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There are a couple of web sites I maintain that use HTML audio/mp3 objects within a page. They use to work but then something broke. The pages rely on Windows Media Player if the client browser is IE.

A month or so ago, the object would appear as a WMP control. It should look like this alt text
(source: calgarydj.ca)

But now what appears resembles a mail slot a tiny scrollbar attached.
Click on this link to view. alt text
(source: calgarydj.ca)

I think this change may have occurred with the Jan 2009 Microsoft updates.

I have searched for answers but found only one other question regarding this. I have seen a few other sites with related problems. Here is another site that seems to be having the same problems - see this page for the audio example.

  1. Has anybody else experienced this problem? IE7 on windows XP (2 systems)
  2. Does this occur on Vista or just XP (or is it just my 2 systems)?
  3. Is there a fix?

Here is the html for a typical sound object

<div class="music">
  <p>Pachelbel's Canon</p>
  <object id="Cannon" type="audio/mpeg" data="./sound%20files/Pachebels%20Cannon.mp3" width="250" height="16">
    <param name="autoplay" value="false" />
    <param name="src" value="./sound files/Pachebels%20Cannon.mp3" />
    <object id="Cannon" classid="CLSID:6BF52A52-394A-11d3-B153-00C04F79FAA6" width="250" height="50">
      <param name="autostart" value="false" />
      <param name="url" value="./sound%20files/Pachebels Cannon.mp3" />
      <param name="showcontrols" value="true" />

      <param name="volume" value="100" />
    </object>
  </object>
</div><!-- end of control -->

This is a pretty cool site. But I have tried to add images to this post and the images never appear on the final post. What am I missing?

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So I ended up using IE conditional comments (ugh!) to remedy the problem. This is ugly but it works. It even validates as XHTML.

There are still 2 nested objects but now an IE conditional comment wrapper hides the first object so IE does not see it, only the second. Firefox, Safari and Chrome see the first object and use the Quicktime plugin (if installed) to render a control.

The other browsers ignore the IE conditional comments because they look like a regular open/closed comment block with a little gibberish in the middle.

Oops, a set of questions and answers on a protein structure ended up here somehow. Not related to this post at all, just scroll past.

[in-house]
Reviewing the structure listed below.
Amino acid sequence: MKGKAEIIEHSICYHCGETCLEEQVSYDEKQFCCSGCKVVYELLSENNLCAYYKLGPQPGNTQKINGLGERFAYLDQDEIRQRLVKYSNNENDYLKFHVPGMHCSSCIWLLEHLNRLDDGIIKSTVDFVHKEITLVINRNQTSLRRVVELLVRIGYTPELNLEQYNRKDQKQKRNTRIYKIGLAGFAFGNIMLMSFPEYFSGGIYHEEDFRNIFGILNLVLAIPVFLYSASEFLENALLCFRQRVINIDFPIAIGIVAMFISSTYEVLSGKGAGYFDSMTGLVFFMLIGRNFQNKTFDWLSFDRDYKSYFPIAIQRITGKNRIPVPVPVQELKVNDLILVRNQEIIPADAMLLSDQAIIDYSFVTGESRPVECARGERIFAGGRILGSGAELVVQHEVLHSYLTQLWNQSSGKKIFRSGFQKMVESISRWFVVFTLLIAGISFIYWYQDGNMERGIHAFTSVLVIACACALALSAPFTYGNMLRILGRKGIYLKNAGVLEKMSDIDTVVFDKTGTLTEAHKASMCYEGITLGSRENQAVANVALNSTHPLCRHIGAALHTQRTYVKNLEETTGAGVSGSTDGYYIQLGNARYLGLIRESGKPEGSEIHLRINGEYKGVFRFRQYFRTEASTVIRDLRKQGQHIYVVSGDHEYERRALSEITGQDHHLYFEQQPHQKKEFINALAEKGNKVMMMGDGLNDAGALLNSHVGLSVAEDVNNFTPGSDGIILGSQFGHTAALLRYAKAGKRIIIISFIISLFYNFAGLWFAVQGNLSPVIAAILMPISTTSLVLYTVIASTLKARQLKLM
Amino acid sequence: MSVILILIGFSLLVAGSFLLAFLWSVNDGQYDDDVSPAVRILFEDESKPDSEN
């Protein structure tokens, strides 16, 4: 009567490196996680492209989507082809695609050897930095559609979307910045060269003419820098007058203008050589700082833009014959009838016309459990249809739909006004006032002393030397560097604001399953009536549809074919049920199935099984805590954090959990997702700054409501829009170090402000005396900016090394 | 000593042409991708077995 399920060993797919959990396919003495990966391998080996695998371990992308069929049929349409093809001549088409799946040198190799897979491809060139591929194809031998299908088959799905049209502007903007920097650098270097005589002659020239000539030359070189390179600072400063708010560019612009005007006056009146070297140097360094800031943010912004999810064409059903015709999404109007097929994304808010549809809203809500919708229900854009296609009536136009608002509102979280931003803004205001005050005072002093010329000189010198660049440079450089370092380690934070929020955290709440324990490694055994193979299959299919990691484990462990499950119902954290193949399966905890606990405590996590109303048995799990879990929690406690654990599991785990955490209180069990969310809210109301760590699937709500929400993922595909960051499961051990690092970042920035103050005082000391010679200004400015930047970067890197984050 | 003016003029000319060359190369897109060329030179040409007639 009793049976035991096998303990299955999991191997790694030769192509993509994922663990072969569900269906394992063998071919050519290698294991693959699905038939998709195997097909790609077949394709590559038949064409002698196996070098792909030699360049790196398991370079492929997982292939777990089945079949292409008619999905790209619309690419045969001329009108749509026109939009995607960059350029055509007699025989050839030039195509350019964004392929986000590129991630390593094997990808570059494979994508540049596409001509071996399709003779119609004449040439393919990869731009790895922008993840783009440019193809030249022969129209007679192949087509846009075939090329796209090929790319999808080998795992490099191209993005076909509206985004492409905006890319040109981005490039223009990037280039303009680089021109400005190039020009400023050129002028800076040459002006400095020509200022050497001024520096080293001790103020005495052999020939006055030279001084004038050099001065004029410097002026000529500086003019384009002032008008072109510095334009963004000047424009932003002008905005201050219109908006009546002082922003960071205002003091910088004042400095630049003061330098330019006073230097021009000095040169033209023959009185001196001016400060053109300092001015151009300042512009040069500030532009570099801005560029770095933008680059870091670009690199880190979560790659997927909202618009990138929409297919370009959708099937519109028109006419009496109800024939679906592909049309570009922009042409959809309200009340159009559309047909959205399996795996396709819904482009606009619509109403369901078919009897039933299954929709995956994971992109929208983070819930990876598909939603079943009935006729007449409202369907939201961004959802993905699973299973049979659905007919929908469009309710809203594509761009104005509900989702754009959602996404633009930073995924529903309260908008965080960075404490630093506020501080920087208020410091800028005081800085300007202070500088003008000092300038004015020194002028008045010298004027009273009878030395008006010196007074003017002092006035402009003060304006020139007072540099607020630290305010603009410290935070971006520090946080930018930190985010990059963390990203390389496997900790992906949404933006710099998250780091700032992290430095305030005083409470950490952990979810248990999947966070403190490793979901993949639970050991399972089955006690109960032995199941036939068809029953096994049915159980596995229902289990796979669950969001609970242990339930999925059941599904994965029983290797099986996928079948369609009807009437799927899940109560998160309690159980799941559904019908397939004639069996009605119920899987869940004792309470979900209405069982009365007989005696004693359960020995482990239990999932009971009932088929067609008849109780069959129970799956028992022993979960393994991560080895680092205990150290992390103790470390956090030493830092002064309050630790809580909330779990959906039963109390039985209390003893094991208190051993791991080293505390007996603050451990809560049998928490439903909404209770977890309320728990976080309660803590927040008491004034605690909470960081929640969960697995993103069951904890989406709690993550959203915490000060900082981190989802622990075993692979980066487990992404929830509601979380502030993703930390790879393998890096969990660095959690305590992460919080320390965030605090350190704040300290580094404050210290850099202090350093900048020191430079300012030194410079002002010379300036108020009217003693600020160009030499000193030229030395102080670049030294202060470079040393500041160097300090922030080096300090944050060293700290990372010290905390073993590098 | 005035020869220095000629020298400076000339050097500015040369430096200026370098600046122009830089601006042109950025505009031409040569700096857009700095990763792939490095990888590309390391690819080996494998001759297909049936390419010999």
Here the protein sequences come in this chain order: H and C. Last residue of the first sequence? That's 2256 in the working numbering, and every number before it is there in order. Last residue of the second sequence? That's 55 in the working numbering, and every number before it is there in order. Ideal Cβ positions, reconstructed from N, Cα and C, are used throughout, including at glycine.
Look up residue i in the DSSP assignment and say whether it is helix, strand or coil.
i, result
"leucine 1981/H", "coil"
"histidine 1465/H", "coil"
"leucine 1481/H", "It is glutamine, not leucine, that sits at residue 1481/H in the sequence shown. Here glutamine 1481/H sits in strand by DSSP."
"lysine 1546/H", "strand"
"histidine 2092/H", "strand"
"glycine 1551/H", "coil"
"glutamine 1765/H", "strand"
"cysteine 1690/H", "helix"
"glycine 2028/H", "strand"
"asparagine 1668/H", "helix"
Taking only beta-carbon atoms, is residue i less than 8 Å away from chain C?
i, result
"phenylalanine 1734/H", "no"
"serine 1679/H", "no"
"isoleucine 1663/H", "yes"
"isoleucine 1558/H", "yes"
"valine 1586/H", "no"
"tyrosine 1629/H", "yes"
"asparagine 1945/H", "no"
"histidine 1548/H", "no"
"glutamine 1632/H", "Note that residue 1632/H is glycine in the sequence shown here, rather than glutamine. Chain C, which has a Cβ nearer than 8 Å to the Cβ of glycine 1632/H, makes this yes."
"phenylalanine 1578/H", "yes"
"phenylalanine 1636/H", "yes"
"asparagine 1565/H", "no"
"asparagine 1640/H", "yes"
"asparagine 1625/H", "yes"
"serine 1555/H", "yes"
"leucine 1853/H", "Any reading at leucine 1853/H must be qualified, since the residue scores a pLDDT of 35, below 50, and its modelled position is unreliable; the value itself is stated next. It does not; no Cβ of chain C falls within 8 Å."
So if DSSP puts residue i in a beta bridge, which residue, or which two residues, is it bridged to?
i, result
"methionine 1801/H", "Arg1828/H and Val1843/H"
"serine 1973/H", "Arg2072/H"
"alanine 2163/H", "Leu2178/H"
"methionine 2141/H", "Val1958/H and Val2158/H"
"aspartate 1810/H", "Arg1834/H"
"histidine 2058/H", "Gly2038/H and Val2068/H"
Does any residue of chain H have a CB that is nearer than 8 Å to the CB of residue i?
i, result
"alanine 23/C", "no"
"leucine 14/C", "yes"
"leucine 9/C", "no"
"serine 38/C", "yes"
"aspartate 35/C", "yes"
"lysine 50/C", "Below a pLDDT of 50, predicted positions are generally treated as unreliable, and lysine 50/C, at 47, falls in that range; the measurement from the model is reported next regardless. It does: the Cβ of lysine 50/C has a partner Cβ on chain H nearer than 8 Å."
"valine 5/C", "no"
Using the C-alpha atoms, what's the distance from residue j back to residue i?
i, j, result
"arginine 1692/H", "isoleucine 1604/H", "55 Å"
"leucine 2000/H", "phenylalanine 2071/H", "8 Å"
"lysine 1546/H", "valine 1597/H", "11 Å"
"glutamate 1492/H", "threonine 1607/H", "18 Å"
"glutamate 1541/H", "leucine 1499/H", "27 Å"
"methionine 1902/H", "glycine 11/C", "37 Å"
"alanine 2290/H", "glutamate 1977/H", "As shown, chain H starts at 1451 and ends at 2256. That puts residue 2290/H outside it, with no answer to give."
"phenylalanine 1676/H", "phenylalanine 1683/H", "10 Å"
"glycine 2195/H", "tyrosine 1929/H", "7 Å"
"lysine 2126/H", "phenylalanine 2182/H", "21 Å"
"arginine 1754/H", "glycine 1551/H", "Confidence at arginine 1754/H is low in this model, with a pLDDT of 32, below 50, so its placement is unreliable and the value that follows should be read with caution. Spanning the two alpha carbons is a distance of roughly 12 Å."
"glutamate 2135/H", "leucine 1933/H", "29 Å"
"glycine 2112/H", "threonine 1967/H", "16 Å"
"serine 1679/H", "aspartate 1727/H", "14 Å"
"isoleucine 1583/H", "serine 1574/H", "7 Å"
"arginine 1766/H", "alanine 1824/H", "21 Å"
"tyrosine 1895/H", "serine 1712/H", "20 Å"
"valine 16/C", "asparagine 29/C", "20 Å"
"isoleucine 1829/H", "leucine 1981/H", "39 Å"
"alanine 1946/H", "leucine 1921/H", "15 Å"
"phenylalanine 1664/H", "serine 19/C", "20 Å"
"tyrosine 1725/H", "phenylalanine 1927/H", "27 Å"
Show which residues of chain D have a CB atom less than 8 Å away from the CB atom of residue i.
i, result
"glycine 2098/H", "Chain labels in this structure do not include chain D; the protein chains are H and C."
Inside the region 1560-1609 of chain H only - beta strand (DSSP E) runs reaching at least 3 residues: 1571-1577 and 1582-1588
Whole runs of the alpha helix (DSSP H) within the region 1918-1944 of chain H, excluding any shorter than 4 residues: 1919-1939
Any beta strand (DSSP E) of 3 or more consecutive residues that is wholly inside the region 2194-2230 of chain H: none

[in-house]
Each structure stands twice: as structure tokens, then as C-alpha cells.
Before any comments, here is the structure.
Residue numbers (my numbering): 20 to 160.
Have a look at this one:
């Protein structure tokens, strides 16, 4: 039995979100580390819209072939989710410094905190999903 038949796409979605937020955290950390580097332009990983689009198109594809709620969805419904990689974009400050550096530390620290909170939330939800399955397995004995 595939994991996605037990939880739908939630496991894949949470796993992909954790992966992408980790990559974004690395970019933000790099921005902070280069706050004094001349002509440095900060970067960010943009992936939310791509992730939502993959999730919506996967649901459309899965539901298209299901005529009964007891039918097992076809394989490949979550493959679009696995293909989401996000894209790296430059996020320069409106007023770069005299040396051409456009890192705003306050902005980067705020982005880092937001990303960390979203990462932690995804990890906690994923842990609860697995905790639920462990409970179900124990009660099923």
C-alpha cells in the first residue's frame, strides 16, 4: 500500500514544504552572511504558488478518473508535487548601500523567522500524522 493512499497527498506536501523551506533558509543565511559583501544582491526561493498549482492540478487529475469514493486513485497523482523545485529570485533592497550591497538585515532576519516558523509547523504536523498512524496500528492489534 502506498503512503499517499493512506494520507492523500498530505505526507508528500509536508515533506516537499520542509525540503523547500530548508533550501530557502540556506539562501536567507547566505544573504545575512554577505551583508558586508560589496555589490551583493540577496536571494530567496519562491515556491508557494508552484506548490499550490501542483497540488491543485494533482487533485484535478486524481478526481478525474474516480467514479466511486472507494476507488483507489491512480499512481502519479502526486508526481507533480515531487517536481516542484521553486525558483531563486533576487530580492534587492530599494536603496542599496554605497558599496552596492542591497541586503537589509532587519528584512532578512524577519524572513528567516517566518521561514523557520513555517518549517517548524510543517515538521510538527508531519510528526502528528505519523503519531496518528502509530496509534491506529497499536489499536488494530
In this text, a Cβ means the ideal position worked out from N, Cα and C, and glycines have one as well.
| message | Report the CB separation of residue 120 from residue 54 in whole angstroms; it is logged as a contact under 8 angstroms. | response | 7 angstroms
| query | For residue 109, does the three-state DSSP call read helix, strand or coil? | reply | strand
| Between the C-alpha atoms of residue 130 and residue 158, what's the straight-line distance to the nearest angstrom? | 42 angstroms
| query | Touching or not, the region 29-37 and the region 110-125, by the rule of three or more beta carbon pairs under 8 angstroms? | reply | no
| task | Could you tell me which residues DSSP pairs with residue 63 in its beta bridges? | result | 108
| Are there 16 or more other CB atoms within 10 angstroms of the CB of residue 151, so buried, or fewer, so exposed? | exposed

NOTE: The ticks(`) surrounding the comment lines below do not belong there, but you do what is necessary to get things to work around here.

`<!--[if !IE]>-->`
  <object id="Cannon" type="audio/mpeg" data="./sound%20files/Pachebels%20Cannon.mp3" width="250" height="16">
    <param name="autoplay" value="false" />
    <param name="src" value="./sound files/Pachebels%20Cannon.mp3" />
`<!--<![endif]>-->`
  <object id="Cannon" classid="CLSID:6BF52A52-394A-11d3-B153-00C04F79FAA6" width="250" height="60">
      <param name="autostart" value="false" />
      <param name="url" value="./sound%20files/Pachebels Cannon.mp3" />
      <param name="showcontrols" value="true" />
      <param name="volume" value="100" />
`<!--[if !IE]>--></object><!--<![endif]-->`
</object>

Not long ago IE7 used to ignore audio/mpeg type objects unless they had a legit CLSID tag for Windows Media Player (WMP). Since the second object (in my previous model), did have a CLSID, IE would render a WMP control and everything would be just ducky. The other browsers would simply recognize the first object and use the Quicktime plugin for a sound control.

On December 9, 2008, Microsoft released another Windows Media Player security update. Everything still worked like before (for me). This was followed with another update on Jan 13, 2009, intended, in part, to patch the December 9th WMP update. (see this article). That is when things stopped working (on IE).

Now IE7 (on XP) renders the no-class objects as something that looks like a mail-slot with a scrollbar. They are about as useful as a mail slot on an LCD screen. And the IE browser, satisfied it has done it's job, ignores the second object with the correct CLSID nested within.

So IE's own conditional comments got me out of a pickle here but it was Microsoft that threw a wrench into its own browser! Why Microsoft? Why?

-1

I strongly suggest using Adobe Flash to play music on a website. It is almost bulletproof in comparison to using external players like Windows Media Player and you will also have full control of the look of your player.

| improve this answer | |
  • Well this technique used to work until recently and it only fails in IE7 now. IE7 typically needs a CLSID. I nested 2 objects so that if the first object is not recognized, the browser has a go at the 2nd. Proper programming would have had a 3rd failsafe. Anyway, you missed the point. – Diogenes Feb 22 '09 at 16:36
  • When I first read this answer I wanted to vote it down because I hate Flash, but I didn't have 'nuff reputation. IMHO, one of the most useful add-in's to FF is Flashblock because swf is a such a ubiqutious resource hog and overload overlord. So I stand by my original answer, which still works on most browsers. – Diogenes Mar 21 '11 at 9:16

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